FROM THE FILES OF THE FBI 221
[newspaper article, undated, unnamed newspaper]
Scientology' Banned in Britain
Americans traveling to Great Britain to practice "Scientology," a group
which claims to be "applied religious philosophy," have been barred by the
British Ministry of Health.
Kenneth Robinson, minister of health, declared that "scientology is
socially harmful." The government's action was taken on the basis of
complaints--some of them raised in Parliament--about teachings of the
Followers of the group previously known as Dianetics and now calling
itself the Church of Scientology, reportedly adhere to the ideas
originated by L. Ron Hubbard, former science fiction writer. Hubbard's
book, _Dianetics_, became a best seller in the 1950's.
Curb on Growth. The British health minister said there was no power under
existing law to prohibit the practice of Scientology, but he said he could
take steps to curb its growth.
"Its authoritarian principles and practices are a potential menace to the
personality and well-being of those so deluded as to become it followers,"
Founded in the U.S.: Scientology was founded in the United States as
Dianetics by Hubbard, who moved his world headquarters to East Grimstead
[sic], Sussex, a London suburb in 1959. Reports say there are some 50
full-time Scientologists in East Grimstead [sic] and some 250 students.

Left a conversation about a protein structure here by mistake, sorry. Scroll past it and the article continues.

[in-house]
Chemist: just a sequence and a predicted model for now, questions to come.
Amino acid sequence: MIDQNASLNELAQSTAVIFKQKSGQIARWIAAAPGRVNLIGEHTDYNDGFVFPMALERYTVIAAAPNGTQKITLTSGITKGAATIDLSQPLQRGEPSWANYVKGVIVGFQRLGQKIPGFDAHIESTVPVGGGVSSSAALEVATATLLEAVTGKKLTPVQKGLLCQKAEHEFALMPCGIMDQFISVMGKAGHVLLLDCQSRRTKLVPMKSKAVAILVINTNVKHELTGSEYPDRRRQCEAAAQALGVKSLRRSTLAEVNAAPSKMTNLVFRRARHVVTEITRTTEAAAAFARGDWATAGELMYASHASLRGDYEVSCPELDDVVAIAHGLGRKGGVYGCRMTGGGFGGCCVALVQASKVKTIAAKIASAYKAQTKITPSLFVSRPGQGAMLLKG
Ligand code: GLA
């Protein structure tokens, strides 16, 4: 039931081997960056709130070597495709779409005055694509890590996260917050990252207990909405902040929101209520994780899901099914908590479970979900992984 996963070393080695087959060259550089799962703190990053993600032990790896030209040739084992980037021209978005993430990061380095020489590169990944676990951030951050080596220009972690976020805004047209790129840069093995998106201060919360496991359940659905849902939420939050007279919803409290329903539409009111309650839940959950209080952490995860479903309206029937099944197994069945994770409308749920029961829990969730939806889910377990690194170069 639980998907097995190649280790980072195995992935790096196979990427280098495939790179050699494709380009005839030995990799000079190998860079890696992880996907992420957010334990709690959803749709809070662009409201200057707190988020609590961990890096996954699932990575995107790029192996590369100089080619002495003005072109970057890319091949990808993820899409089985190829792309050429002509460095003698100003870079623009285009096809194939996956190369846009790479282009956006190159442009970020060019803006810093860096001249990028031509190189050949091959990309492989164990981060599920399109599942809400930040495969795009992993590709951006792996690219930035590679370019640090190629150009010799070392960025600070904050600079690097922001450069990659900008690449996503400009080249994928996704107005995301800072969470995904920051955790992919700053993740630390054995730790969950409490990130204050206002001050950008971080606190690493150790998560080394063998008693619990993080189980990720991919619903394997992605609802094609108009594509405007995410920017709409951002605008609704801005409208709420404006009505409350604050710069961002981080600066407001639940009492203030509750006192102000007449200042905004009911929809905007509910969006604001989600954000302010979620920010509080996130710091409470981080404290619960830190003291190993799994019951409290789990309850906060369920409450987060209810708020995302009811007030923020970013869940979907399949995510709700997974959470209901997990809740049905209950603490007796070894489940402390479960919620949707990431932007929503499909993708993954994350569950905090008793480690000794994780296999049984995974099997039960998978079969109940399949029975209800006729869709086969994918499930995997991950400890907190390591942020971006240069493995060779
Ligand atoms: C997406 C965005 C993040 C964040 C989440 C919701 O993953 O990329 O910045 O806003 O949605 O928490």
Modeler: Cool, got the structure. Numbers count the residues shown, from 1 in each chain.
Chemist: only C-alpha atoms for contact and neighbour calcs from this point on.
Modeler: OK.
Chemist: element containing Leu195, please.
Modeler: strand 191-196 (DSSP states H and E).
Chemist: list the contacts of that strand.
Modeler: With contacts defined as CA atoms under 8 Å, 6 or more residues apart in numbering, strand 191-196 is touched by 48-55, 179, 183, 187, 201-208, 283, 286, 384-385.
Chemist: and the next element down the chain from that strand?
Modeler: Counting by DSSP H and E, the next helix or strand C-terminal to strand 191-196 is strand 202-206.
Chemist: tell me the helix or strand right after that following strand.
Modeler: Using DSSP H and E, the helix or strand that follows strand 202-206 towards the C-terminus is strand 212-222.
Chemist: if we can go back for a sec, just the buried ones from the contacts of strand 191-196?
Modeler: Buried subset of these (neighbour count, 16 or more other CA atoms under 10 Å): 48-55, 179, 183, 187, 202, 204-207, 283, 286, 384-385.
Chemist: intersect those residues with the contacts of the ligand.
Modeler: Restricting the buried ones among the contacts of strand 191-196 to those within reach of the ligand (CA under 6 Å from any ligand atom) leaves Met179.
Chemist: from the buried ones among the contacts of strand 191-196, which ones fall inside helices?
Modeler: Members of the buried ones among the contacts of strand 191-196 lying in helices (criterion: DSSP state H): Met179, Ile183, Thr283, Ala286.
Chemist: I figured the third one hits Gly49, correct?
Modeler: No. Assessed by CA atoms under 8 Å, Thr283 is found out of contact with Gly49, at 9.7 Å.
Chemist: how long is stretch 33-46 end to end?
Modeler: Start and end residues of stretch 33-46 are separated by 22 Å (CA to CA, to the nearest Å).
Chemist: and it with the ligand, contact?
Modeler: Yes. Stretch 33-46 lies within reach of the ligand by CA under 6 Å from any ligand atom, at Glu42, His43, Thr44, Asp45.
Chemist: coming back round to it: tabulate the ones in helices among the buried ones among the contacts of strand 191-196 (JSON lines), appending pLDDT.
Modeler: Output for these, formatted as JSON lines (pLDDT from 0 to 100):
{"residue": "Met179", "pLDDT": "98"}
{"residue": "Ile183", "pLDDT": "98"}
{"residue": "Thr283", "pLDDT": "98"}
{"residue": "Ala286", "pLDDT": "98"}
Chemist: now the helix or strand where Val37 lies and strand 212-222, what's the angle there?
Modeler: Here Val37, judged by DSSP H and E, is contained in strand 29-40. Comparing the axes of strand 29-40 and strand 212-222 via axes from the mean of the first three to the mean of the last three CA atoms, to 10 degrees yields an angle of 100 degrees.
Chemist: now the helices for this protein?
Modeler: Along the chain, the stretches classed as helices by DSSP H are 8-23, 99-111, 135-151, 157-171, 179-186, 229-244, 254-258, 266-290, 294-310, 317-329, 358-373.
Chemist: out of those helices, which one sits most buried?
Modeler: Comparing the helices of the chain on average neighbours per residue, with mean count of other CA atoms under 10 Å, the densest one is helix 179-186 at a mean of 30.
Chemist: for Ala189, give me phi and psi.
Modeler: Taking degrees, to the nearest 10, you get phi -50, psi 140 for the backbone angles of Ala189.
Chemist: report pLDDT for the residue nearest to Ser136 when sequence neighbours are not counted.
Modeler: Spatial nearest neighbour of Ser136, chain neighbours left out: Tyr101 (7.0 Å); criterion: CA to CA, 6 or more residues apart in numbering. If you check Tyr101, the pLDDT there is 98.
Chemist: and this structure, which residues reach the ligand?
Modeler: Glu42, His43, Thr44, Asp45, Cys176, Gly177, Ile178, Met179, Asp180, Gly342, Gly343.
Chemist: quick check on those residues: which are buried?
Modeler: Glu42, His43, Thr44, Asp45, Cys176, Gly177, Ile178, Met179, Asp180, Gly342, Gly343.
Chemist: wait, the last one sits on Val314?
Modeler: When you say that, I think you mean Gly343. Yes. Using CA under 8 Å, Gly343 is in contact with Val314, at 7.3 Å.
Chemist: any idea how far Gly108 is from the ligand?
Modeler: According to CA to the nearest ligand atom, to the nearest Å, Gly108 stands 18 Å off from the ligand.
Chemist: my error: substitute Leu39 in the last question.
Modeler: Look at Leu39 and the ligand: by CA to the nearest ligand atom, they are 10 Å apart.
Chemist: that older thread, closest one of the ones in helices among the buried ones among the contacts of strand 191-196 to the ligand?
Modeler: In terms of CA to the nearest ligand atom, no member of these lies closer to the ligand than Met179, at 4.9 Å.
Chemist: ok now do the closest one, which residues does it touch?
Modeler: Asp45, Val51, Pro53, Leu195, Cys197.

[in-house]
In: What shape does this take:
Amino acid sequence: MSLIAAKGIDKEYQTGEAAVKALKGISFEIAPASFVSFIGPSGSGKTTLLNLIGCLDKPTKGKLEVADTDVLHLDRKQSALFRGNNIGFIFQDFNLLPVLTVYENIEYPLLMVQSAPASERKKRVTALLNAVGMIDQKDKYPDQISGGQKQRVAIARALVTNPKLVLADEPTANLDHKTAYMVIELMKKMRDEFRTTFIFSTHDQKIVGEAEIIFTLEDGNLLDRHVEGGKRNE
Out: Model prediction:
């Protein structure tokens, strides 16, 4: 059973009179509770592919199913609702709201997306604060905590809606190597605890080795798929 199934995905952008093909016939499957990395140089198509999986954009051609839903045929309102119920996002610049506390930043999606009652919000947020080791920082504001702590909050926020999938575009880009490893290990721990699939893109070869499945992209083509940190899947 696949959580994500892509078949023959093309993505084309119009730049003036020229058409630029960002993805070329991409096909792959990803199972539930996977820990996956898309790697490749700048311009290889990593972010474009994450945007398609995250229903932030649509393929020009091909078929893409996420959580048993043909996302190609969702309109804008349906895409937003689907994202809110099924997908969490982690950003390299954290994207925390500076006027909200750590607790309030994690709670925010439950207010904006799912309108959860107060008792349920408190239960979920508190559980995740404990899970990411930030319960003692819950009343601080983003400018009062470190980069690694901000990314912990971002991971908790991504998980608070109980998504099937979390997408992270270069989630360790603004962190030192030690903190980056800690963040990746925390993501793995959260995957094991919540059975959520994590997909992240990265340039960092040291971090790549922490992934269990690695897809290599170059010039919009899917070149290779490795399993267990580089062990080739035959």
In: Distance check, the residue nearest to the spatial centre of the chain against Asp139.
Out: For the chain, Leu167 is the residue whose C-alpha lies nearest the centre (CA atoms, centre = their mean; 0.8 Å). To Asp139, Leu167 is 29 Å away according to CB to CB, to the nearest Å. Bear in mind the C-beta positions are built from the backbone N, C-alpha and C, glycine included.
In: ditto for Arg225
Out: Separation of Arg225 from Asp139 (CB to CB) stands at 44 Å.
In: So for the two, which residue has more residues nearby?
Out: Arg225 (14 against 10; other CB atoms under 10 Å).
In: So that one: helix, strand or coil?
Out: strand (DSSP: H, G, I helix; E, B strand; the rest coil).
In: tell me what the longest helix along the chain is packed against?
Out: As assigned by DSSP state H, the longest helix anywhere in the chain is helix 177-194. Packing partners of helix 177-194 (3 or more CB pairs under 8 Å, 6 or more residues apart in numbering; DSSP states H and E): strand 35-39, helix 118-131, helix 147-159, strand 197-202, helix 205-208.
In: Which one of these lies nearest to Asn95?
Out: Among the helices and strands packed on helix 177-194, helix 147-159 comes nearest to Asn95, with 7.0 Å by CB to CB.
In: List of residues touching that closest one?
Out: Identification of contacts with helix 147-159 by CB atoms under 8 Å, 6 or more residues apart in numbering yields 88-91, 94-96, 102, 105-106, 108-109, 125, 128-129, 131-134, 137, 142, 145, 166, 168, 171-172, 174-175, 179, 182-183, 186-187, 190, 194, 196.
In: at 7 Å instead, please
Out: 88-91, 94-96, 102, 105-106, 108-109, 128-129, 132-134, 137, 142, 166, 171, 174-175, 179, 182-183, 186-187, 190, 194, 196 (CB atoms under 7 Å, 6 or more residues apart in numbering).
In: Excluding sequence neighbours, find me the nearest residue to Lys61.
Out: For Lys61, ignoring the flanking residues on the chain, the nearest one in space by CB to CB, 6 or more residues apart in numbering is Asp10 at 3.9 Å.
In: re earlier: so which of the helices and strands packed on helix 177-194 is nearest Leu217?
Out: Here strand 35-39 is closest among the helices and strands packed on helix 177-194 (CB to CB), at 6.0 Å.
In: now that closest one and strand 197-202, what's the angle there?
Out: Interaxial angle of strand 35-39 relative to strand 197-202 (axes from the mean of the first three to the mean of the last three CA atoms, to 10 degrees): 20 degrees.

The government reported that there have been complaints by friends and
relatives of those involved in the Scientology program. It was charged
that mentally disturbed or weak persons are taken into the group and
taught to hate their families.
The British health ministry reported receiving some 65 letters of
complaint from former Scientologists or others in late 1967, all urging
Course for Children: the Dept. of Educations and Science began its
investigation after a course was offered for children, designed to teach
them "communications." A spokesman for [?] Hubbard Assn. for
Scientologists International was reported to have replied that the course
was intended to make shy children less afraid to exert their own
personalities and to communicate with other children and grown-ups.
Publications of the group speak of its "message of total freedom for all
mankind," and it calls itself the "most widespread self-betterment
movement on earth today."
"Scientology is the route from human being to total freedom or total
beingness," a publication says. "Dianetics was the route from aberrated
to normal to capable human being."
Device Misbranded: The "Hubbard E. Meter," an electrical device used by
the Founding Church of Scientology, Washington, D.C., was ruled to be a
misbranded medical device by a federal court jury in 1967.
The Food and Drug Administration had ordered more than 100 of the devices
seized in Washington, D.C., in 1962, and a U.S. district judge ordered
destruction of the meters in July, 1967, following the jury ruling.
Government attorneys contended that false and misleading therapeutic
claims were made for the device and their only demonstrated effect was to
measure skin resistance to electrical currents (_the AMA News, July 24,
The FDA charged the devices were misbranded under the Federal Food, Drug,
and Cosmetic Act because of labeling claims that they were effective for
diagnosis, prevention, treatment, detection, and elimination of the causes
of all mental and nervous disorders.
Information on the number of Scientology members in the U.S. is
unavailable, but a spokesman for the organization claimed there were
"millions." The group says it has 20 main organizations throughout the
world, with some 11 "centers" in the U.S. Headquarters for Scientology in
the U.S. is in Los Angeles.